Once you are able to identify your emotions and see them as signs and guideposts of what is going on within you and around you, you will be able to get off the emotional roller coaster that you have found yourself on and instead take a better look at what you are feeling, why you are feeling it, and what you want to do about it.

What lesson is to be learned?

No matter the situation, there is something to be learned. Find the value in the hardship.

What can I do differently?

If you want to make a positive change in your life, know that you need to make positive choices, and sometimes this means doing things differently than you normally do. So, think about how you typically react to a situation, and instead, choose to respond. This can be uncomfortable, but when practiced with intention and mindfulness, it can be powerfully transformative.

 

Let It Be

In writing this column over the years, I have often used the term “let it go”.  But what does that even mean?  According to a number of sources, the term “letting go” refers to the literal and figurative act of “refraining or resisting the ‘doing’ of something”; or, “to relinquish an emotional grip” that we might have on something or someone.  Personally, I prefer the latter definition, as most often when we use the term “letting go” it is an emotional process more so than an actual action.

Throughout our lives, as most of us well know, we are forced to learn to let things go all the time.  Whether is it by choice or coercion, we must learn to release the emotional grip we have on relationships, occupations, patterns of behavior, status symbols, etcetera.  And whether we like it or not, this is good for us.  Because, it lends itself to personal growth, and, eventually, it also will lead to peace.

…Or will it?  It seems to me that letting go does not actually bring us peace until we also learn to let those very same things be.  And “letting be” cannot happen without letting go, for the two are not quite the same.  As defined above, letting go involves releasing the emotional grip we have on whoever or whatever it is that we have become attached to, thus setting it free.  Whereas letting it be is to learn to accept what is and sit with how things are once we have let something go.

To “let it be” is to leave things alone, whether we want to or not.  It is to resist the temptation to engage with, meddle, or interrupt whatever is going on within us and around us.  It is to sit with the emotions that arise, no matter how unpleasant, so that these feelings may be processed and healed.  To let be is to ride the waves of our innermost experiences just as they are, whether we are content with them or not.  It is tending to these emotional experiences without suppressing, repressing, numbing, or turning to something else as a distraction.  It is to take a very honest and raw look at what is left after our letting go, and to be still.  It is sitting with one’s self, and all that we feel and experience and giving them time.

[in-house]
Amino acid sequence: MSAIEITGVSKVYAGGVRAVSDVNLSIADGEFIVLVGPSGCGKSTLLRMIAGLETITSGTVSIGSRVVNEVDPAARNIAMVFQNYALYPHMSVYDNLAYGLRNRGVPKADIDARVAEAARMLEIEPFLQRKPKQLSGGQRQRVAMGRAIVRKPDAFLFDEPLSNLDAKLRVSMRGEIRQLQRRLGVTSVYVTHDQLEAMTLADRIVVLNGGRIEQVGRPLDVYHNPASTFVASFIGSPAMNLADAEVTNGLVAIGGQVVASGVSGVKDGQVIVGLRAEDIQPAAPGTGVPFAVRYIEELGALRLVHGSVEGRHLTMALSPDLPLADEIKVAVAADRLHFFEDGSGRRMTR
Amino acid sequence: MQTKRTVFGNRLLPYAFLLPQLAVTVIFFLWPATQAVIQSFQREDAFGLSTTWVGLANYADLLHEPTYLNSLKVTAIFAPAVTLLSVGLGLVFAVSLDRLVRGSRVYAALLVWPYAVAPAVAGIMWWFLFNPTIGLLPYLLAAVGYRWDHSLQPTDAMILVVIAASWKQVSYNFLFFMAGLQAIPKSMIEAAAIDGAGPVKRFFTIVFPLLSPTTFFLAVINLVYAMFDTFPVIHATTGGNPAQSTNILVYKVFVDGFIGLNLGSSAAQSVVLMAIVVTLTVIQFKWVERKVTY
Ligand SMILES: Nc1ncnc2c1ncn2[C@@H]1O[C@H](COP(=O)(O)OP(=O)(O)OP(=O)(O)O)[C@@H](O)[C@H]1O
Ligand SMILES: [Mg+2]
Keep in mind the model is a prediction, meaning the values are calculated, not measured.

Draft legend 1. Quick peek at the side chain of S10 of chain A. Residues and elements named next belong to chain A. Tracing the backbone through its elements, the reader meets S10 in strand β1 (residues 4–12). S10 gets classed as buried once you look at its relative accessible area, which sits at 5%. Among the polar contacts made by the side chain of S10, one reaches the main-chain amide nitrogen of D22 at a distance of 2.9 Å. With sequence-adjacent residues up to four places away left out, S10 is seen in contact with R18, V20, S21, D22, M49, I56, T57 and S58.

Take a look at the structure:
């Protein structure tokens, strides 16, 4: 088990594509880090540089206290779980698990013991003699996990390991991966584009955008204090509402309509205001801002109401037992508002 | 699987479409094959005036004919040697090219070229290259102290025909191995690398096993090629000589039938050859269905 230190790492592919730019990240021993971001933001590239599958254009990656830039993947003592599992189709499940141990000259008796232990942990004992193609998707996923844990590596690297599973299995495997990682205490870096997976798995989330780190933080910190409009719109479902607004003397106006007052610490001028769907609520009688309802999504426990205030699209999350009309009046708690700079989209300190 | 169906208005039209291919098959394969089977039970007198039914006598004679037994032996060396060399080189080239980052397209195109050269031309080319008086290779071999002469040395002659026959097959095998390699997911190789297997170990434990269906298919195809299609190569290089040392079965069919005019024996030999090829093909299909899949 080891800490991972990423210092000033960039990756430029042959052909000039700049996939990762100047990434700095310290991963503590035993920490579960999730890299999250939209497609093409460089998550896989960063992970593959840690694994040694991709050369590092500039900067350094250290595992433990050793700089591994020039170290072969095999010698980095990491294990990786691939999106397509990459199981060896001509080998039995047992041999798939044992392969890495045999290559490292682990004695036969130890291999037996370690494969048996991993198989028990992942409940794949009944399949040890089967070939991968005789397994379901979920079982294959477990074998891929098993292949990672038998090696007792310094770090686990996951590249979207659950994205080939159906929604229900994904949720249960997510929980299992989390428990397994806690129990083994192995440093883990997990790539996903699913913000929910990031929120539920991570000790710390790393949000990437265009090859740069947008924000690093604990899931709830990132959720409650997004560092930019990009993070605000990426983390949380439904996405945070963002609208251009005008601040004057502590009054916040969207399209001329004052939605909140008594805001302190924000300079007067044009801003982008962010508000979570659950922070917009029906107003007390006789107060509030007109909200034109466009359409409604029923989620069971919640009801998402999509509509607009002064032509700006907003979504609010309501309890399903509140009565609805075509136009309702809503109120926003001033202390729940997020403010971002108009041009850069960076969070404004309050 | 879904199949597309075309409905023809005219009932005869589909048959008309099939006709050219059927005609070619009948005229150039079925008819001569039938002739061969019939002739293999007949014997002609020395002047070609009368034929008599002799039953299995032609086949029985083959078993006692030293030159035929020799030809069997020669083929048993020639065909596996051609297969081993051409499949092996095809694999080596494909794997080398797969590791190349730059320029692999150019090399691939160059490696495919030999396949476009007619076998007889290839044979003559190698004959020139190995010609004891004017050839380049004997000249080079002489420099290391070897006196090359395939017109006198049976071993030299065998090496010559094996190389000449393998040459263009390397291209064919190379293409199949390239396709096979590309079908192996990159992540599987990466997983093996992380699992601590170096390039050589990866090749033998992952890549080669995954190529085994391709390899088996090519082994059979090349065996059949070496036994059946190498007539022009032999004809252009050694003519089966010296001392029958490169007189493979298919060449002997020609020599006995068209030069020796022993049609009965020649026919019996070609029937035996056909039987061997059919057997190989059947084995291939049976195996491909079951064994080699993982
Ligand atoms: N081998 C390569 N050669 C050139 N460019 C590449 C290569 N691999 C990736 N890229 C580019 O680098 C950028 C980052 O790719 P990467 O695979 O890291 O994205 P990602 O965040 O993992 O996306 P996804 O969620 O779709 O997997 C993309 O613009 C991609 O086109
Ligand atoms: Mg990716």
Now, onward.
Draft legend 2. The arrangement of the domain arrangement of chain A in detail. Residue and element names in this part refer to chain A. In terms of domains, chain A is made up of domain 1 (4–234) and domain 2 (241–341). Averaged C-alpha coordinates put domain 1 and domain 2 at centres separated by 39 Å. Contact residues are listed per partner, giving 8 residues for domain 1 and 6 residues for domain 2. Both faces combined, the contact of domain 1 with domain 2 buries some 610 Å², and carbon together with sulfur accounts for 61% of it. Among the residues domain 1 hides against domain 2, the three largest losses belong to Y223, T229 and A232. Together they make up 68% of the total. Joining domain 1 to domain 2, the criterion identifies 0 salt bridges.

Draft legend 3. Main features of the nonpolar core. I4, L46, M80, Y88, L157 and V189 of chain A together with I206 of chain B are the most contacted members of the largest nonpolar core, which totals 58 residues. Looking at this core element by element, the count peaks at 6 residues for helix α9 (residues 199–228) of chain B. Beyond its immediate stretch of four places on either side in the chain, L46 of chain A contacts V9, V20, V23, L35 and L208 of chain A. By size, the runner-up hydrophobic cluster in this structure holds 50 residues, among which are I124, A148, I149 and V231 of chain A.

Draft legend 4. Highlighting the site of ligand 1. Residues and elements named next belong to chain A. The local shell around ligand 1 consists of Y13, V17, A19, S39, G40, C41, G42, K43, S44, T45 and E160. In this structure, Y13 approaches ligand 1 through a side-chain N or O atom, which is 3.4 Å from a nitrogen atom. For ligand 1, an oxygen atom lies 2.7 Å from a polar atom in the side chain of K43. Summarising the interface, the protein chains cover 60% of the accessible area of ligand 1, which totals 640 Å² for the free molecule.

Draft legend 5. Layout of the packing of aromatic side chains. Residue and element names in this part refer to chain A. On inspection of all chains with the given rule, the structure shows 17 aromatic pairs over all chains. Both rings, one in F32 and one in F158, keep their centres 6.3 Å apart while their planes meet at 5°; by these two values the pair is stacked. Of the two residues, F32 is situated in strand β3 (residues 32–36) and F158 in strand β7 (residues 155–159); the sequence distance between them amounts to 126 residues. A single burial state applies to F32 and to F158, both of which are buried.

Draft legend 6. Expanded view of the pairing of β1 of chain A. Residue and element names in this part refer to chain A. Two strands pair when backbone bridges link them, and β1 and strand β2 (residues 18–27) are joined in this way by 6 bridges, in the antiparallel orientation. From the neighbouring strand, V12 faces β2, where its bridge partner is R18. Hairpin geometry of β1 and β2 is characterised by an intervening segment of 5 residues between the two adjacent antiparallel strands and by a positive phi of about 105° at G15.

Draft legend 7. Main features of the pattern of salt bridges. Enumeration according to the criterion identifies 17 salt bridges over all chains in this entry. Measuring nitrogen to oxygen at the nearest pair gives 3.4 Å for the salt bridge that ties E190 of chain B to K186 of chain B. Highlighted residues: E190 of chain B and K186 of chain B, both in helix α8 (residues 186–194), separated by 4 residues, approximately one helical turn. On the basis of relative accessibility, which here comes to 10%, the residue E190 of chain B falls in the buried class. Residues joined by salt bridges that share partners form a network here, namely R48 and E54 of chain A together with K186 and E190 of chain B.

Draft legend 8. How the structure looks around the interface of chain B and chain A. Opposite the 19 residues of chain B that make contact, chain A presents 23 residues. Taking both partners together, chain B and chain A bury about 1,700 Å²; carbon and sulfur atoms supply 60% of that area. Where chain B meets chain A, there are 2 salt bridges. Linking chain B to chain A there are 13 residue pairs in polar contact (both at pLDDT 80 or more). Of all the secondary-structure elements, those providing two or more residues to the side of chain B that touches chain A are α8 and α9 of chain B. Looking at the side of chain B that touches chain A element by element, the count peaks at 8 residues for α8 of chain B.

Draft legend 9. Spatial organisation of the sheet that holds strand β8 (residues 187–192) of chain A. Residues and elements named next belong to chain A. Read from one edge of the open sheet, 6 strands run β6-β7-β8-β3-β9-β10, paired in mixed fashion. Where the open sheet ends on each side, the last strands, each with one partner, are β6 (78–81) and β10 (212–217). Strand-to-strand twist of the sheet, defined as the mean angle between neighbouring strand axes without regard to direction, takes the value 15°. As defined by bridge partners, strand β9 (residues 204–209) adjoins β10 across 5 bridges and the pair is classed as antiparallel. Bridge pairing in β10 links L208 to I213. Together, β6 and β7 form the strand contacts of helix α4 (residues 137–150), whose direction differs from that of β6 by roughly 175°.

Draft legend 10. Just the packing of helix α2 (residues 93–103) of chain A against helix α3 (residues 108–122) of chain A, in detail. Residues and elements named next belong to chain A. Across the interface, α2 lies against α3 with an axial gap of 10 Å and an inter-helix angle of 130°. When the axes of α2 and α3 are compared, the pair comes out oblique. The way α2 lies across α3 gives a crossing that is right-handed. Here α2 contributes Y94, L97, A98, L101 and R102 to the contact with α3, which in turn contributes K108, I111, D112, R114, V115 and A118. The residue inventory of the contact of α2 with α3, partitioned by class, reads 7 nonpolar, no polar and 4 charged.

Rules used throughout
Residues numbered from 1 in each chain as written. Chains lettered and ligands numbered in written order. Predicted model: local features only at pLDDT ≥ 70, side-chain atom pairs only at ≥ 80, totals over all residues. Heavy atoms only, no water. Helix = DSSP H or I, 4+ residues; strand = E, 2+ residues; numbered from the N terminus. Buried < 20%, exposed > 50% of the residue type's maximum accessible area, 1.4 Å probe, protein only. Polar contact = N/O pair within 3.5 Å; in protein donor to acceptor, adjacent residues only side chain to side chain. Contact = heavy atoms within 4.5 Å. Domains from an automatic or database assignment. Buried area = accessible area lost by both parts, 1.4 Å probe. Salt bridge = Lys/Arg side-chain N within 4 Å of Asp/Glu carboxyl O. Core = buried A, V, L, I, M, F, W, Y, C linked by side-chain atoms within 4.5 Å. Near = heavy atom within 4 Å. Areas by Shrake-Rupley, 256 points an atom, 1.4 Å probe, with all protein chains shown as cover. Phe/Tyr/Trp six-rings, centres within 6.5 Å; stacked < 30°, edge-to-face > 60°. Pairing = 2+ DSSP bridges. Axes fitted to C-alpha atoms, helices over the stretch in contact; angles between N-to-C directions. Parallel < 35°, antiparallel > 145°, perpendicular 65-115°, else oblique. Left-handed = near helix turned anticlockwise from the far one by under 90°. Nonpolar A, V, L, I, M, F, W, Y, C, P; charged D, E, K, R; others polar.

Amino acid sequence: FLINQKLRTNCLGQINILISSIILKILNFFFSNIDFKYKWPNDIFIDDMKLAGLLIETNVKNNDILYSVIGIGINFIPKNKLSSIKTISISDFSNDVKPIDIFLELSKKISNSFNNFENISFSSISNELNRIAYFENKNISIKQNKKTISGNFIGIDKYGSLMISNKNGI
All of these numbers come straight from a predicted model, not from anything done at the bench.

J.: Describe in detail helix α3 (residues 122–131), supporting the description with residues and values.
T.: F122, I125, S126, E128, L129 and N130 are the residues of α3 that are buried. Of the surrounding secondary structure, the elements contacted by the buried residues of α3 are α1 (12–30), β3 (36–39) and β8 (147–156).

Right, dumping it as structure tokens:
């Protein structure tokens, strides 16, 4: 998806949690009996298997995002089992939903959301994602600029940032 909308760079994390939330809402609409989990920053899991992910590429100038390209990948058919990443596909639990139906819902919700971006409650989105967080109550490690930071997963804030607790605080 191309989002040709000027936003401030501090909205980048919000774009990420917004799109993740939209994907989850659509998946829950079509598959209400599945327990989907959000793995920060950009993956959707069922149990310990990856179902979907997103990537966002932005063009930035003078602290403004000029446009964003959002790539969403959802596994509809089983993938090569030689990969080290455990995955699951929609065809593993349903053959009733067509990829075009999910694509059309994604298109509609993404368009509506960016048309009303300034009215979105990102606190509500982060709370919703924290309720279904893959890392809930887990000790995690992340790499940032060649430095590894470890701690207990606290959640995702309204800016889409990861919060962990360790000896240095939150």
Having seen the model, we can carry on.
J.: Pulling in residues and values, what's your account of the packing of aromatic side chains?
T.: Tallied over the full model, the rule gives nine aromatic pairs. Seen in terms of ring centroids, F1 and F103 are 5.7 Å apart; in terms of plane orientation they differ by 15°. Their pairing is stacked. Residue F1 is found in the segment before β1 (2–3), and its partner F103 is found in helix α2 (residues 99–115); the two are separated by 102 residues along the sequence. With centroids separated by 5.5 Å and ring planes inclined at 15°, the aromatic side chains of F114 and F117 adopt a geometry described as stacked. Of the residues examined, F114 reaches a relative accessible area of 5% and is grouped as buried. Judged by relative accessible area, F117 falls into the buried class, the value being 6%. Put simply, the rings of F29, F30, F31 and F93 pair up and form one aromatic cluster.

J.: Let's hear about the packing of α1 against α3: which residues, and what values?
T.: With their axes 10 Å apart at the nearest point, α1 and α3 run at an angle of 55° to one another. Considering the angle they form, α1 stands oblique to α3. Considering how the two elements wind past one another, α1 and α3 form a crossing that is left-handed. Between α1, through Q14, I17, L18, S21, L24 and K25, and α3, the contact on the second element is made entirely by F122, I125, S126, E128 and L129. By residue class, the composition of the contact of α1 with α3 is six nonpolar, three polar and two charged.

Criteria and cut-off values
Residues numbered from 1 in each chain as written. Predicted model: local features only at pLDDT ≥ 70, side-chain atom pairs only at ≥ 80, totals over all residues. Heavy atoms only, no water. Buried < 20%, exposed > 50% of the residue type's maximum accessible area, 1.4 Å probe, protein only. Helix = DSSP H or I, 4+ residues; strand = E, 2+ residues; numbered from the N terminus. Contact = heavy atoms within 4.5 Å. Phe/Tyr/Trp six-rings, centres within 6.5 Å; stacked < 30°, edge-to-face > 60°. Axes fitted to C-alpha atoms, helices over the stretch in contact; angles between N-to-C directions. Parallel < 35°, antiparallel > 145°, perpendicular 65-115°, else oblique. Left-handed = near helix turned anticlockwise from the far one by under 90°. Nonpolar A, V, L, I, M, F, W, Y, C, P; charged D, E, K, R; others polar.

After letting go, to let it be is to find a way to accept “all that is” in that moment.  To have faith. And, eventually, to move inward, onward, and forward.

Vulnerability as Strength

Vulnerability is no easy emotion to experience.  In fact, most of us would have to agree that we tend to avoid it all costs.  And, of course, most of us would be able to recall numerous occasions that we  gracefully sashayed our way through a moment of vulnerability or two; however, all in all, most of us tend to avoid these situations when we see them coming.  And this makes sense, because after all, this is an act of self-preservation, is it not?

Most of us have spent a great deal of our lives proving to ourselves and others that we value, strength, and character. We have worked hard to get where we are by aligning our strengths and confidences to overcome hardships and obstacles and trudge through the sloughs of wilderness that seem to be inherent to our human experience. As such, we have learned to maximize and rely on these virtues to thrive and survive, while taking care not to expose other parts of ourselves so that we may avoid our weaknesses and remain  strong, sure-footed, and unequivocal.  So, naturally, putting ourselves in a position to be vulnerable may feel foreign, counter-intuitive, and uncomfortable.

Yet, as we move through life, many of us come to discover that strength and vulnerability are not exactly opposites. On the contrary, vulnerability requires a great amount of courage, for being vulnerable is to be authentic despite our greatest fears.  For vulnerability requires that we accept and embrace the parts of ourselves that we would rather ignore, change, or deny. In fact, by its very definition, vulnerability even takes this one step further and requires that we do so in the presence of others, forcing us to acknowledge these parts of ourselves, talk about them as they are, and claim them as our own. The very nature of vulnerability requires that we feel raw, unsure, and exposed, both with ourselves and others.

So, how do we evolve in the name of vulnerability, and allow ourselves to transform? Consider the following exercises:

Practice Self-Awareness: Begin this practice by simply being mindful of your feelings of vulnerability when they arise. Take note of what has triggered these feelings, ask yourself why they have arisen, and perhaps reflect on what you struggle to accept about these traits and why you would rather camouflage them.

Reveal Something: Revealing parts of ourselves can feel risky and vulnerable.  However, in doing so, we unveil glimpses of our truest selves by sharing who we really are.  By simply doing this, we encourage others to connect with us on a more intimate and fulfilling level.